Wesley Hall, a corporate leader working to eliminate systemic barriers, receives honorary degree

(photo by Lisa Sakulensky)

Countless Canadians know him as one of the well-heeled investors on CBC’s Dragon’s Den, offering a financial boost (or not) to aspiring entrepreneurs. But Wesley Hall is also well known for his deep commitment to equity, leading initiatives to help advance careers in the Black community.

For his innovative corporate and entrepreneurial leadership, and for being an outstanding champion for equity and the removal of systemic barriers affecting the Black community, Hall today receives a Doctor of Laws, honoris causa, from the University of Toronto.

Born in Jamaica and raised by his grandmother in a plantation worker’s tin shack, Hall immigrated to Canada as a teenager. The first time he saw a plane up close was the day he came to Toronto. “I was poor,” he told the Toronto Star in 2021. “There are times when I would go to school hungry because we didn’t have food, but my grandmother did what she could.”

In Toronto, he connected with his father and attended Lester B. Pearson Collegiate Institute in the northeast of the city, working evenings. After leaving high school, Hall took a variety of service jobs before landing a position as mailroom clerk at a Toronto law firm. That experience led him to enrol at George Brown College, where he earned his law clerk’s certificate.

In 1994, he interviewed for a job at Global Television, but, with limited practical experience, figured he had almost no chance of being hired. He was wrong. Global’s general legal counsel liked Hall and brought him on as law clerk. He worked there for a few years before moving on to CIBC Mellon and then Georgeson Canada, a shareholder communications firm.

Wesley Hall puts his hands together in thanks as he is about to be hooded by Walied Soliman
Walied Soliman prepares to hood Wesley Hall (photo by Lisa Sakulensky)

In 2002, at age 34, he decided to take out a $100,000 bank loan and establish his own company, Kingsdale Advisors. His specialty: helping companies navigate takeover bids. Since then, he has worked on multi-billion-dollar deals for Falconbridge and Petro Canada.

Hall attributes his impressive career trajectory to small steps that brought incremental successes. “I kept taking on bigger challenges, those challenges started working out and that just kept pushing me to do more,” he told Wealth Professional.

Although 7.5 per cent of Toronto’s residents are Black, just 0.3 per cent of corporate board positions are held by Black people, according to a recent study.

Hall saw the evidence of this statistic this every day working in Toronto’s financial district. It didn’t matter which company’s board room he visited; he was invariably the only Black person there. “Toronto is a great multicultural society,” he told the Financial Post in 2020. “Then I go down to Bay Street and I don’t see it there. Why is that?”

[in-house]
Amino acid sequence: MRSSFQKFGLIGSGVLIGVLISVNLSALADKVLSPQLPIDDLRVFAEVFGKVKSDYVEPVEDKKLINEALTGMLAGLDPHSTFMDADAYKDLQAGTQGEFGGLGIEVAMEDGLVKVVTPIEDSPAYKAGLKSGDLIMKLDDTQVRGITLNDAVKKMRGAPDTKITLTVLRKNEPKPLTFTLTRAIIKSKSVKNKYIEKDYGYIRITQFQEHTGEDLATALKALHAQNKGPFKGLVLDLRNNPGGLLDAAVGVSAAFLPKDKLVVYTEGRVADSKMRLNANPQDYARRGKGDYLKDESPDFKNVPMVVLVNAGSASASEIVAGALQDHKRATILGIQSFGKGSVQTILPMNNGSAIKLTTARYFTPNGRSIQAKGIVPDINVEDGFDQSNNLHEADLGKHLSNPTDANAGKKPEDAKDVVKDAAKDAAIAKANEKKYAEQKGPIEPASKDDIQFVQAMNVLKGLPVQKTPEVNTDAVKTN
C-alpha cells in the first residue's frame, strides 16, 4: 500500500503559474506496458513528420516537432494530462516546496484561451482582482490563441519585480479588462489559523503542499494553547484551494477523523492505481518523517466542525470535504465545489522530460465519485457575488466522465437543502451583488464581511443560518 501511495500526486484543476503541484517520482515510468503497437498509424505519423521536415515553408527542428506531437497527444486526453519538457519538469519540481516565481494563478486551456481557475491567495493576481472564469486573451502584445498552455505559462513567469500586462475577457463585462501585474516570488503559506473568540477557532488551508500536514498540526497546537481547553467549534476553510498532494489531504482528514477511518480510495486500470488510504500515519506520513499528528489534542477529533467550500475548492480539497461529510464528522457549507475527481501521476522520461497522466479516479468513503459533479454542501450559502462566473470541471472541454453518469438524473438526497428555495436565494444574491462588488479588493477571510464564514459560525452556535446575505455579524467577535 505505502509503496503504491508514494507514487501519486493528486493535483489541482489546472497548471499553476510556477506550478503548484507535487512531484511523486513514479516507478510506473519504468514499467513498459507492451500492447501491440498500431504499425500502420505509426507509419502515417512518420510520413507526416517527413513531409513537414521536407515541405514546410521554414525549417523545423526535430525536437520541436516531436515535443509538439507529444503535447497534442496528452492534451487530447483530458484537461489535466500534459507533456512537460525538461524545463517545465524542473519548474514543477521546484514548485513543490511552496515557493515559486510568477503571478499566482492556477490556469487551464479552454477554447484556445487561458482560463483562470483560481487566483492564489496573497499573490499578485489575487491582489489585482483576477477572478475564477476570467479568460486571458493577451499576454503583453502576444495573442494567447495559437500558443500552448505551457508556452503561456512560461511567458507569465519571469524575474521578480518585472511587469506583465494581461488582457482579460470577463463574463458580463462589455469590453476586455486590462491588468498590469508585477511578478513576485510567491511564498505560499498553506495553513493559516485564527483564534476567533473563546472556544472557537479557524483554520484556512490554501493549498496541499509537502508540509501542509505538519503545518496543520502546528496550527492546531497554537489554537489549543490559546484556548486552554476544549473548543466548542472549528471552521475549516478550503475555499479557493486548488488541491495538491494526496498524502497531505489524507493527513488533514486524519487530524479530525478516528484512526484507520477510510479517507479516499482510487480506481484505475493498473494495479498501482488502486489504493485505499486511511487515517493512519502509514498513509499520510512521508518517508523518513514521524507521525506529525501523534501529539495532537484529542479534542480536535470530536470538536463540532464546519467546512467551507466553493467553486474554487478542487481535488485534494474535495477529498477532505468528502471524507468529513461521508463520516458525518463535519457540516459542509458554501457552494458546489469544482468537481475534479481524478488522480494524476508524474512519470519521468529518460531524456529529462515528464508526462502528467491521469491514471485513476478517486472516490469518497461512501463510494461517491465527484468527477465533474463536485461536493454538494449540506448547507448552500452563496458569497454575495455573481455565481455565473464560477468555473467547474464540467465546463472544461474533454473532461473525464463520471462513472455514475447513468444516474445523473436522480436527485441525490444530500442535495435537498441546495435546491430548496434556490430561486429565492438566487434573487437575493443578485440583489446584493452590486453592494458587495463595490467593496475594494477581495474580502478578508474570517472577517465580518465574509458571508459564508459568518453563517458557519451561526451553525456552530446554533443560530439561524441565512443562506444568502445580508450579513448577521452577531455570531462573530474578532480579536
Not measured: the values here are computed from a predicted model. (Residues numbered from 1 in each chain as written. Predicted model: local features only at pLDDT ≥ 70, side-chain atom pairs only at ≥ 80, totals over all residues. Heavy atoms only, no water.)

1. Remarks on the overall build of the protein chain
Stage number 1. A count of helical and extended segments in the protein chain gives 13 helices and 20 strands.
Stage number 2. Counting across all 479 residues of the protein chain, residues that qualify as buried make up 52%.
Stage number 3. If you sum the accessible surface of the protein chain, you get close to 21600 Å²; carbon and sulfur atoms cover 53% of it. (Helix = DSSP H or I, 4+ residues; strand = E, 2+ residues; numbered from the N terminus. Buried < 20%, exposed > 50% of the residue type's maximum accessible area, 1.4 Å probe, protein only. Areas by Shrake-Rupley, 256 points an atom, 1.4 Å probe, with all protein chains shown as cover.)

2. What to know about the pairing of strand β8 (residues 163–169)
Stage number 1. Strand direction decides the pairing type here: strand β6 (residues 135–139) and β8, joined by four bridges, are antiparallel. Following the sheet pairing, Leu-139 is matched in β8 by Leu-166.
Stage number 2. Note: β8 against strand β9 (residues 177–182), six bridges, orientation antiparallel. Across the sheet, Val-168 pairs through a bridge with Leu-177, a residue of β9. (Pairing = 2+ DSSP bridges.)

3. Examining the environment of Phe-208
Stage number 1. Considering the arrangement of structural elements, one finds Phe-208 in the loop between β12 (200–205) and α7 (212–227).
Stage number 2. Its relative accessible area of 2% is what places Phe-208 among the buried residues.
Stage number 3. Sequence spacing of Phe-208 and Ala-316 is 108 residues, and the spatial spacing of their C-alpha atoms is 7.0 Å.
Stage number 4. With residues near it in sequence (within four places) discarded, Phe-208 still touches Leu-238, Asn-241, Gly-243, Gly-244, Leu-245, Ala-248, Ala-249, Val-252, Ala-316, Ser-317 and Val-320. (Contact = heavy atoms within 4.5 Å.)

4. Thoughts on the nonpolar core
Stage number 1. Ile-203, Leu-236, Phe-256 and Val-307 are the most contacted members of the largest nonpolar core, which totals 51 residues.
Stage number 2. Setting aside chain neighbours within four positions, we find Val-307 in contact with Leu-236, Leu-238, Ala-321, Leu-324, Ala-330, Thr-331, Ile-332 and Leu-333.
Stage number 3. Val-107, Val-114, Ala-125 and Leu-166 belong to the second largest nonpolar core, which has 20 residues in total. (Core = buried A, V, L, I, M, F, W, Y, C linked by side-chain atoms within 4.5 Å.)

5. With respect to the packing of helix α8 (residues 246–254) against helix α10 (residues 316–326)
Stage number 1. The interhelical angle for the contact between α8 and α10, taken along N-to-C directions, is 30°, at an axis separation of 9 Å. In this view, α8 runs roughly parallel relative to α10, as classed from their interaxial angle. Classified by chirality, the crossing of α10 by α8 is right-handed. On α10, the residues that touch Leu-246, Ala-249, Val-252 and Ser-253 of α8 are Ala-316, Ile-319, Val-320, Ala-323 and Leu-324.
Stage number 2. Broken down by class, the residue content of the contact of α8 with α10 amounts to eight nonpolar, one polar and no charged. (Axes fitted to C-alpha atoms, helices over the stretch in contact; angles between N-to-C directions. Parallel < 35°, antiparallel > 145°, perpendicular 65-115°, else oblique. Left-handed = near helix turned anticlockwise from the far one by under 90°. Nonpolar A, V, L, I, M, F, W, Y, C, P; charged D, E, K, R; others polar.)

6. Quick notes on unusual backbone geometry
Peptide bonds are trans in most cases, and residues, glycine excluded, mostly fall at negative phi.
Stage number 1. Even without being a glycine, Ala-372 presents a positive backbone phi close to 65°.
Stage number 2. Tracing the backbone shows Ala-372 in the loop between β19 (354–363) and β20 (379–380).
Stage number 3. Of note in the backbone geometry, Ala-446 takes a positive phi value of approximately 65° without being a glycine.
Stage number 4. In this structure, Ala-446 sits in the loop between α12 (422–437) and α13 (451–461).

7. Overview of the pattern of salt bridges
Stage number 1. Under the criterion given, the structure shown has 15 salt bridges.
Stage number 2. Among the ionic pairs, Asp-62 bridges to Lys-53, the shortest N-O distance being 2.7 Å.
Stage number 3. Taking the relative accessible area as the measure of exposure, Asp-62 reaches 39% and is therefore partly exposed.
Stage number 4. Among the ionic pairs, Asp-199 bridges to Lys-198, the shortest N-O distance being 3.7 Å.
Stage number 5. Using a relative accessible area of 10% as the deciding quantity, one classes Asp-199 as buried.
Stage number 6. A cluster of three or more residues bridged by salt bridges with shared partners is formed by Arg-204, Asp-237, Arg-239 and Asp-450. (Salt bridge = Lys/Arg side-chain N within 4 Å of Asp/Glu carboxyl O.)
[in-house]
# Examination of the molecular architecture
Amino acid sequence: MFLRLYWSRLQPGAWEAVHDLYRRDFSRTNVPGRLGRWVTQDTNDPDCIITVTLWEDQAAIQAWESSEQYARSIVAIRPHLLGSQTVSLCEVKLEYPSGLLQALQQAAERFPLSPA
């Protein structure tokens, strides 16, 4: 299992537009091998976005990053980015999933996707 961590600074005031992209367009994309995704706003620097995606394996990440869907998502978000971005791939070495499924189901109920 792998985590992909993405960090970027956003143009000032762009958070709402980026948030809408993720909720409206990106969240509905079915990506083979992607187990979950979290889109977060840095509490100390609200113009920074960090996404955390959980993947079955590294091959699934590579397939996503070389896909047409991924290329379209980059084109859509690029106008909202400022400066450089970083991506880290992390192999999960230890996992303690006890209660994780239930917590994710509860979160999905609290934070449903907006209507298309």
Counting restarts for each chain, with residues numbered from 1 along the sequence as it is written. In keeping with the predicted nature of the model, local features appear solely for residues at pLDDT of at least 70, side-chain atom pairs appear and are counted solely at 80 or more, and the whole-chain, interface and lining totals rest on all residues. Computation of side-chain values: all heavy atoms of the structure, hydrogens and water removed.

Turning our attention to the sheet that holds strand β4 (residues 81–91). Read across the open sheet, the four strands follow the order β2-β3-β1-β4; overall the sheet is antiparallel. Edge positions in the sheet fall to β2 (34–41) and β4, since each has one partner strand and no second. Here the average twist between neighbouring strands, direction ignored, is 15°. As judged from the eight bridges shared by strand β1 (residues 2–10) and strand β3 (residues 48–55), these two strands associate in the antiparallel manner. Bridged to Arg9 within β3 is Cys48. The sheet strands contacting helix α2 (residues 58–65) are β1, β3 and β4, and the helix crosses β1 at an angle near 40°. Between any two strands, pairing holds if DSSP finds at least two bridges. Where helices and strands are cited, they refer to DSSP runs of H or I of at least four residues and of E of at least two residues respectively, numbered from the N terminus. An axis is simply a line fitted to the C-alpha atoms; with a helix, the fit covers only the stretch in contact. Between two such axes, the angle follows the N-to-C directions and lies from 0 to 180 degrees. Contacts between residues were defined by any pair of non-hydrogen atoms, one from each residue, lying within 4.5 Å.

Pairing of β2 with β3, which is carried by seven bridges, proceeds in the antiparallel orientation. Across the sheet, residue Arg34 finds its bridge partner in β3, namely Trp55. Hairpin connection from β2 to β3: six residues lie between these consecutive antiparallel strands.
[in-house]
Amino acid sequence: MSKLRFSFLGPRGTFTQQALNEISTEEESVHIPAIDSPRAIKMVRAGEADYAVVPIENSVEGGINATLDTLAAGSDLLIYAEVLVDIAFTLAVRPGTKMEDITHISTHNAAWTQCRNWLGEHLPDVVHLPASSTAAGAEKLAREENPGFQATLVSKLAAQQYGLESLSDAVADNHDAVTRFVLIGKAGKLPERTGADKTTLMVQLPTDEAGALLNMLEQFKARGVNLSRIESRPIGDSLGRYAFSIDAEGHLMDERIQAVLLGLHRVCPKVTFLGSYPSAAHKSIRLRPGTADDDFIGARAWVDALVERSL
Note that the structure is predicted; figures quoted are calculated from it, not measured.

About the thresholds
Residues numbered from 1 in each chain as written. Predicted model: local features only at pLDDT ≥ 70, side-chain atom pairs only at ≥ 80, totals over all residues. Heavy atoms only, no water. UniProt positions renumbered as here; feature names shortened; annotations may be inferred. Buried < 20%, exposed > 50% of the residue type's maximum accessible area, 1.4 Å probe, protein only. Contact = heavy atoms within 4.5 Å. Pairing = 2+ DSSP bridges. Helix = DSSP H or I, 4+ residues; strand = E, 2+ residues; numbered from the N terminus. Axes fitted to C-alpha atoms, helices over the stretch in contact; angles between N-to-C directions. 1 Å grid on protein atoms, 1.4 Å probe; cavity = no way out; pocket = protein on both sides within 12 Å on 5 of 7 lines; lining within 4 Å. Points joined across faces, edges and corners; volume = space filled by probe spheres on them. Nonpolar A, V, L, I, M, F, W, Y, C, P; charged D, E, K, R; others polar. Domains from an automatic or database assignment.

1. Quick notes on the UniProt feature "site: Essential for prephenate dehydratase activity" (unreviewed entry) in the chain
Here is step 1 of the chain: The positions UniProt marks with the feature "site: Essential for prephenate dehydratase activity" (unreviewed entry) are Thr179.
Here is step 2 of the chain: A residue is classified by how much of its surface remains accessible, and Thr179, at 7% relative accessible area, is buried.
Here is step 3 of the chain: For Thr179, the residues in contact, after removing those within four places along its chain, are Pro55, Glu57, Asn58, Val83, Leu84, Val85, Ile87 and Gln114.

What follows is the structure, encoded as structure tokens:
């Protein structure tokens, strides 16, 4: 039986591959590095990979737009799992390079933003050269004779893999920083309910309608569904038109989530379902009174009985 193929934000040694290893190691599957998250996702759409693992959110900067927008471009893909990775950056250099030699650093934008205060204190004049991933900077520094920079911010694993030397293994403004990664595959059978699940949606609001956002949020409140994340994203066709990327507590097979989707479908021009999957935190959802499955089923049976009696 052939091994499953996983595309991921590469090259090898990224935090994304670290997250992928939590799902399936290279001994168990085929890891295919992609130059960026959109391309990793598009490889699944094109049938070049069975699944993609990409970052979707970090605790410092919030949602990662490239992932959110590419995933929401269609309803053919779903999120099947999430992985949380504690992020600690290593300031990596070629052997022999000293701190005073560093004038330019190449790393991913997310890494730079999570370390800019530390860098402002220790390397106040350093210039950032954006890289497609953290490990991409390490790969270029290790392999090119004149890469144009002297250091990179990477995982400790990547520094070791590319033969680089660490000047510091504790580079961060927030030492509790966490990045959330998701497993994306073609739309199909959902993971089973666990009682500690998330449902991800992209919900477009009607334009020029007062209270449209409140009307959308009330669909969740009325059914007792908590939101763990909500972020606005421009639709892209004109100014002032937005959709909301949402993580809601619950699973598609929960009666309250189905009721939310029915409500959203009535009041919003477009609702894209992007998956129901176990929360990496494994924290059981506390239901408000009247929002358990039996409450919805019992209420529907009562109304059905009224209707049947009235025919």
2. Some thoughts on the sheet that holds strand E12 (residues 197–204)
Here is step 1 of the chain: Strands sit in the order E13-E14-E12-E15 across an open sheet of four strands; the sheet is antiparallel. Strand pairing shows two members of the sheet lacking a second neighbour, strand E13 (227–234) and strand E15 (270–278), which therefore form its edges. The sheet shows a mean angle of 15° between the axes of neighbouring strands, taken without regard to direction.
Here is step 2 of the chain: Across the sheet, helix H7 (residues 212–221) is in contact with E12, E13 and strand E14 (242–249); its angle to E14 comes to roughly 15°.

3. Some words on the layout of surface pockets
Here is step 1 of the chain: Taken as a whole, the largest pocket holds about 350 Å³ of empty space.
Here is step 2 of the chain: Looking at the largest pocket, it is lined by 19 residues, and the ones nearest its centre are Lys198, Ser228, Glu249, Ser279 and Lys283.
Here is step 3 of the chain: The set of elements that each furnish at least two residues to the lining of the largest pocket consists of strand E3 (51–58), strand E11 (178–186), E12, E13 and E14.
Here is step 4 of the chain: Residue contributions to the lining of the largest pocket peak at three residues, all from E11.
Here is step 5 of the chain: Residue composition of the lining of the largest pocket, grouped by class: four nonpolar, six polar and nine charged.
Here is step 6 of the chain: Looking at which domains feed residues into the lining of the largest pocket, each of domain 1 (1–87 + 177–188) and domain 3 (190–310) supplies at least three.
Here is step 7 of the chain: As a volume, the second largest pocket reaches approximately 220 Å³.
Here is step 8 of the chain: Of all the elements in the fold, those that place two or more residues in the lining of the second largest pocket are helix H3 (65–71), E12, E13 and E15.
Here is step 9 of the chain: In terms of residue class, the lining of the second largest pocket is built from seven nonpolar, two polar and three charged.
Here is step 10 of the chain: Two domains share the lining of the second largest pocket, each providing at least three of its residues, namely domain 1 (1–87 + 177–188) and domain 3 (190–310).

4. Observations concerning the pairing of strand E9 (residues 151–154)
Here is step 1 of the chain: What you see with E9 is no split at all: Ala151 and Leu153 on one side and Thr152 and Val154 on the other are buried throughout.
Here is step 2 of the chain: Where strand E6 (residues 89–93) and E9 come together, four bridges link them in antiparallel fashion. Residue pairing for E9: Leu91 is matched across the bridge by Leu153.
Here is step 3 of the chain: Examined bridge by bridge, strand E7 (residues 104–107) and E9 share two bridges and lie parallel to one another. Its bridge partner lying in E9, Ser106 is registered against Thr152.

Shortly after the murder of George Floyd in Minneapolis in May 2020, Hall founded the BlackNorth Initiative with the goal of bringing together community and corporate leaders from across the country to work toward the removal of the systemic barriers that negatively affect the lives of Black Canadians.

Companies participating in the initiative have pledged to ensure that by 2025 at least 3.5 per cent of their executives and board members – and five per cent of their interns – are drawn from the Black community. So far, more than 400 companies, including Enbridge and Sun Life Financial, have signed on.

In 2021, Hall partnered with the Rotman School of Management to introduce the first Black entrepreneurship and leadership course in Canada. This course, in which Hall continues to participate, aims to create sustainable change to combat systemic racism facing Black leaders.

“We appreciate the people who go from the mailroom to the boardroom,” he told the Financial Post. “But we don’t see them until they actually get there. There are so many people knocking on that door, just waiting for a chance to get in, but not getting in because there aren’t enough people looking at what they have had to overcome.”

Hall sits on the boards of the SickKids Foundation, Pathways to Education Canada, the Toronto International Film Festival and The Black Academy. He was named Canadian Business Leader of 2022 by the Canadian Chamber of Commerce and has received four other honorary doctorates. Hall has also written a memoir, No Bootstraps When You’re Barefoot, and, with the Toronto Star, created a podcast called “Between Us with Wes Hall.”

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